Their first strike on the alcohol traders came after a Native complained at Fort Macleod about a group of whiskey traders who had sold him overpriced Whiskey. Shortly after, the North-West Mounted Police caught and fined the perpetrators, although they were not at Fort Whoop-Up at the time. Although the presence of the NWMP decreased the abundance of whiskey trading, it still occurred.
In 1875, the NWMP rented a room from the owners of the fort, Healy and Hamilton, and established a post there. This arrangement lasted for at least twelve years, the fort acting as both a trading post and a NWMP post. The following year, Healy and Hamilton sold the fort to Dave Akers, who was in control of the fort almost until its demise. The fort was again burned in 1888, the fire having started in the NWMP barracks. This fire was not as severe as only the NWMP barracks were destroyed. The fort remained in operation until it was deserted somewhere between 1890 and 1892. It was then destroyed piece by piece until the last of it was washed away in a flood in 1915.
While we were inside the Fort the sun came out and the day was now beautiful and had warmed up. Since it was still early in the day we decided to go on to our 3rd destination that we had planned for Lethbridge.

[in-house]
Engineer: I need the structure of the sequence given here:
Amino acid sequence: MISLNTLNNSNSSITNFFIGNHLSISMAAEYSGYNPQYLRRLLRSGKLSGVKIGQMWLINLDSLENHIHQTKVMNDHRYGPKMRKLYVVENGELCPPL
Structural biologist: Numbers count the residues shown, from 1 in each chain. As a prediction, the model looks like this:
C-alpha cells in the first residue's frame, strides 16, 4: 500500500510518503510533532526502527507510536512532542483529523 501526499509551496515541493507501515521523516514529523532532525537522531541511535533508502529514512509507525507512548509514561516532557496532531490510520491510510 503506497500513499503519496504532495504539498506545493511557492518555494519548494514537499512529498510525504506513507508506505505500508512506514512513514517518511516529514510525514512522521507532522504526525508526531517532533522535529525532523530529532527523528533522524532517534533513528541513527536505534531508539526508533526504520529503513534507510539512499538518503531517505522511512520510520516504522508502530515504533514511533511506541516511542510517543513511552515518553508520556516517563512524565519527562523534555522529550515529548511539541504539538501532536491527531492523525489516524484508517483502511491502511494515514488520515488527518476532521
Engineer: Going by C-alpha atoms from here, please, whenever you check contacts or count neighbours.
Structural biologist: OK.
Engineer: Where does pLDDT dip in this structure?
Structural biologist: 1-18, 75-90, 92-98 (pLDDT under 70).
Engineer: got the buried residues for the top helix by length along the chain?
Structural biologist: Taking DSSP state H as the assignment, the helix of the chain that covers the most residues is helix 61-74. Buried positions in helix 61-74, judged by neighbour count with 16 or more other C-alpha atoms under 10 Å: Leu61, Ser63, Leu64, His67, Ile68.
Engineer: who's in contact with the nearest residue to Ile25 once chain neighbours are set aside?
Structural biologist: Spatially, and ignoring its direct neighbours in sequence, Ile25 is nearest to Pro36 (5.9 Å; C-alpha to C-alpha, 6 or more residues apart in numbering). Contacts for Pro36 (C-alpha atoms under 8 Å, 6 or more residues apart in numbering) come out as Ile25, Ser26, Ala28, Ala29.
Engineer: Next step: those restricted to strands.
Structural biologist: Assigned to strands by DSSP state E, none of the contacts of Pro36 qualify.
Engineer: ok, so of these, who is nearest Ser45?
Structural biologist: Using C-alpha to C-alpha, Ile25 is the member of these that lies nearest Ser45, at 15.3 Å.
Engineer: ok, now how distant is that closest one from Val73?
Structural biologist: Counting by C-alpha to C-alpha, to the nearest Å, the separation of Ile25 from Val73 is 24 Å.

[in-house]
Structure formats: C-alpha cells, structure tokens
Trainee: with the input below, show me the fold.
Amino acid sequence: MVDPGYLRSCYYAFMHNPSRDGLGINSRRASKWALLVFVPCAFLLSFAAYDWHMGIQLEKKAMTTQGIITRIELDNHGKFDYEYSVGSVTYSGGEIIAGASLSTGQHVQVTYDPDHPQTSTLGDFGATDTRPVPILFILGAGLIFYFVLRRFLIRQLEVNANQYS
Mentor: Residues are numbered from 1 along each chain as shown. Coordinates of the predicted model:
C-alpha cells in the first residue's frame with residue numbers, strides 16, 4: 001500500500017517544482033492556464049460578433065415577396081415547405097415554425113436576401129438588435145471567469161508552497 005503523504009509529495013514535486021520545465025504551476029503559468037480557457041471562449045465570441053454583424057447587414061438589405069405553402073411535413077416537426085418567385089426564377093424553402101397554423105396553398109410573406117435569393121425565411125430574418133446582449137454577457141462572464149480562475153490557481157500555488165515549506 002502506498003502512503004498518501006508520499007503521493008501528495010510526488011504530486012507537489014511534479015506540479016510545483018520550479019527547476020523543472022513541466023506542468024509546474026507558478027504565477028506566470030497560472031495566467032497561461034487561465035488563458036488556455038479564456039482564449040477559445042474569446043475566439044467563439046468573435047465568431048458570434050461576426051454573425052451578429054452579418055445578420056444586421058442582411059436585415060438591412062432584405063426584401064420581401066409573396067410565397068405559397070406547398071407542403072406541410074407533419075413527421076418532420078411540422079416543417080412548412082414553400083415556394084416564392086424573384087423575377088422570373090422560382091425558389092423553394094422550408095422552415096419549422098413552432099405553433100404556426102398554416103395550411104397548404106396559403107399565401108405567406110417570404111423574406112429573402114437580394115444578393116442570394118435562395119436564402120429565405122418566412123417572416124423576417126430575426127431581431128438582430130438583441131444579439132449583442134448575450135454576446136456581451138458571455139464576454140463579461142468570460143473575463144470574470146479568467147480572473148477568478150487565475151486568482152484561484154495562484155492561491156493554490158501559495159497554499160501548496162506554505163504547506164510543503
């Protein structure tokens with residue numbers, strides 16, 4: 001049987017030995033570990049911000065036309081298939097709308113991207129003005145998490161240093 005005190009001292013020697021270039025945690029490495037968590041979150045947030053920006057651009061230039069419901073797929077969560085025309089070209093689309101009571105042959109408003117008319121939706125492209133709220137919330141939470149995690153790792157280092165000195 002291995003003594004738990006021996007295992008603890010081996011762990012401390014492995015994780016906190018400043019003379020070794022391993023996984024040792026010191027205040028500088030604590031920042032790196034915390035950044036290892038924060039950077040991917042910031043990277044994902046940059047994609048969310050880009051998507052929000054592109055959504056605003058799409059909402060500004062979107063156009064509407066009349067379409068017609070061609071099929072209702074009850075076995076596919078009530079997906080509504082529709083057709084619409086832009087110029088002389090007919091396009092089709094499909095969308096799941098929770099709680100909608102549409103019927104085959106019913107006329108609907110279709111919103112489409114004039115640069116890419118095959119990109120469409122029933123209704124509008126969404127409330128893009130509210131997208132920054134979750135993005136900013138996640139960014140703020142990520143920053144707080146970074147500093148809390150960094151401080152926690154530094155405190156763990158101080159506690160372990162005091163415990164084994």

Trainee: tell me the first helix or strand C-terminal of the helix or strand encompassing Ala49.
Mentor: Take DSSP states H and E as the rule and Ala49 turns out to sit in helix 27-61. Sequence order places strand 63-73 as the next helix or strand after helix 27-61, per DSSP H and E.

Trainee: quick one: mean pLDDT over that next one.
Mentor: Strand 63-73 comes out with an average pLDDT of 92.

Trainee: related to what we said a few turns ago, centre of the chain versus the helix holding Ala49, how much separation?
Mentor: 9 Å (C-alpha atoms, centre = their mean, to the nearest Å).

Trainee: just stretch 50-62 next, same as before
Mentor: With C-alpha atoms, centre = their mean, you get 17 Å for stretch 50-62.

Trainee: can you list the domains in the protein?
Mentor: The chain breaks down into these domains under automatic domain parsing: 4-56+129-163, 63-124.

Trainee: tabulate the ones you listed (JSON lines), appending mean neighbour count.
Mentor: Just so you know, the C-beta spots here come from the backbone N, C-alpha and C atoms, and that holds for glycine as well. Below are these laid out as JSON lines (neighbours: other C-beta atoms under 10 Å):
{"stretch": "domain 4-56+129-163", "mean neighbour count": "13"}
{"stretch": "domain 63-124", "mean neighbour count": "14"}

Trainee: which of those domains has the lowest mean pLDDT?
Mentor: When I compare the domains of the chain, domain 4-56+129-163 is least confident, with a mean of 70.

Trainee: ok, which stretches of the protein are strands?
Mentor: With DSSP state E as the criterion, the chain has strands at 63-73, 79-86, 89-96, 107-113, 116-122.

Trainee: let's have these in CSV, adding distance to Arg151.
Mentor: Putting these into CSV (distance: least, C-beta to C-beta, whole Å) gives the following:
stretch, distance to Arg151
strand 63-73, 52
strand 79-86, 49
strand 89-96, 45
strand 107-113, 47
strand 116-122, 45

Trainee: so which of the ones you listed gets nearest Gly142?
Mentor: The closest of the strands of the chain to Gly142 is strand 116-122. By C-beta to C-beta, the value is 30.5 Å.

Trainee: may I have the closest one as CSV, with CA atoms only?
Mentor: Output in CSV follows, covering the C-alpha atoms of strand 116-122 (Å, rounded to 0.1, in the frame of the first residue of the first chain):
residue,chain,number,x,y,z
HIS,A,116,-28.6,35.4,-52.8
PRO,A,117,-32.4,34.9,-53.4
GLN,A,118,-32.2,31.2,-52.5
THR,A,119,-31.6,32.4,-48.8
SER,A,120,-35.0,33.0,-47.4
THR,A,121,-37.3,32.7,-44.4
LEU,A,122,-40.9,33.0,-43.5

Our next destination was “Head Smashed in Buffalo Jump”
The Buffalo jump is a cliff where for the last 6000 years Indians would drive the buffalo over the cliff killing them for meat and hides to tide them over the winter. We saw a movie depicting a hunt that would have taken place 1000 years ago. This was before the Europeans introduced horses and firearms to the Indians. The method they used was to first build a “drive lane” for the buffalo by building cairns with branches to frighten the buffalo. The buffalo viewed these two lines of cairns as a solid wall that they could not go through. Next two braves would dress up in wolf skins to start the herd moving through the drive lane. Another brave would dress up in buffalo skin and pretend to be a stray calf. All the buffalo would chase after the stray calf to protect him for the wolves. At the last minute the “calf” would duck behind the other braves waving skins to frighten the buffalo and the buffalo would continue over the cliff. The braves would finish off any who survived the fall then they would all set about preserving the meat and curing the hides for the long winter.
Legend has it that the way the jump got the name of Head smashed in was that a brave wanted to see the buffalo falling past him so he took cover under a ledge. There were so many buffalo on that hunt that he became trapped behind all the fallen and dead buffalo. When the others finely got the animals out to slaughter they found the brave with his skull crushed. Hence the name “Head Smashed In Buffalo Jump”
All in all we had a truly marvelous day. We finished it off by stopping at a restaurant in Fort Macleod for French onion soup and a Monte Cristo sandwich. Now back at the motel Lee is relaxing with a martini and I have a cup of coffee. Till next Tales from the Trailes!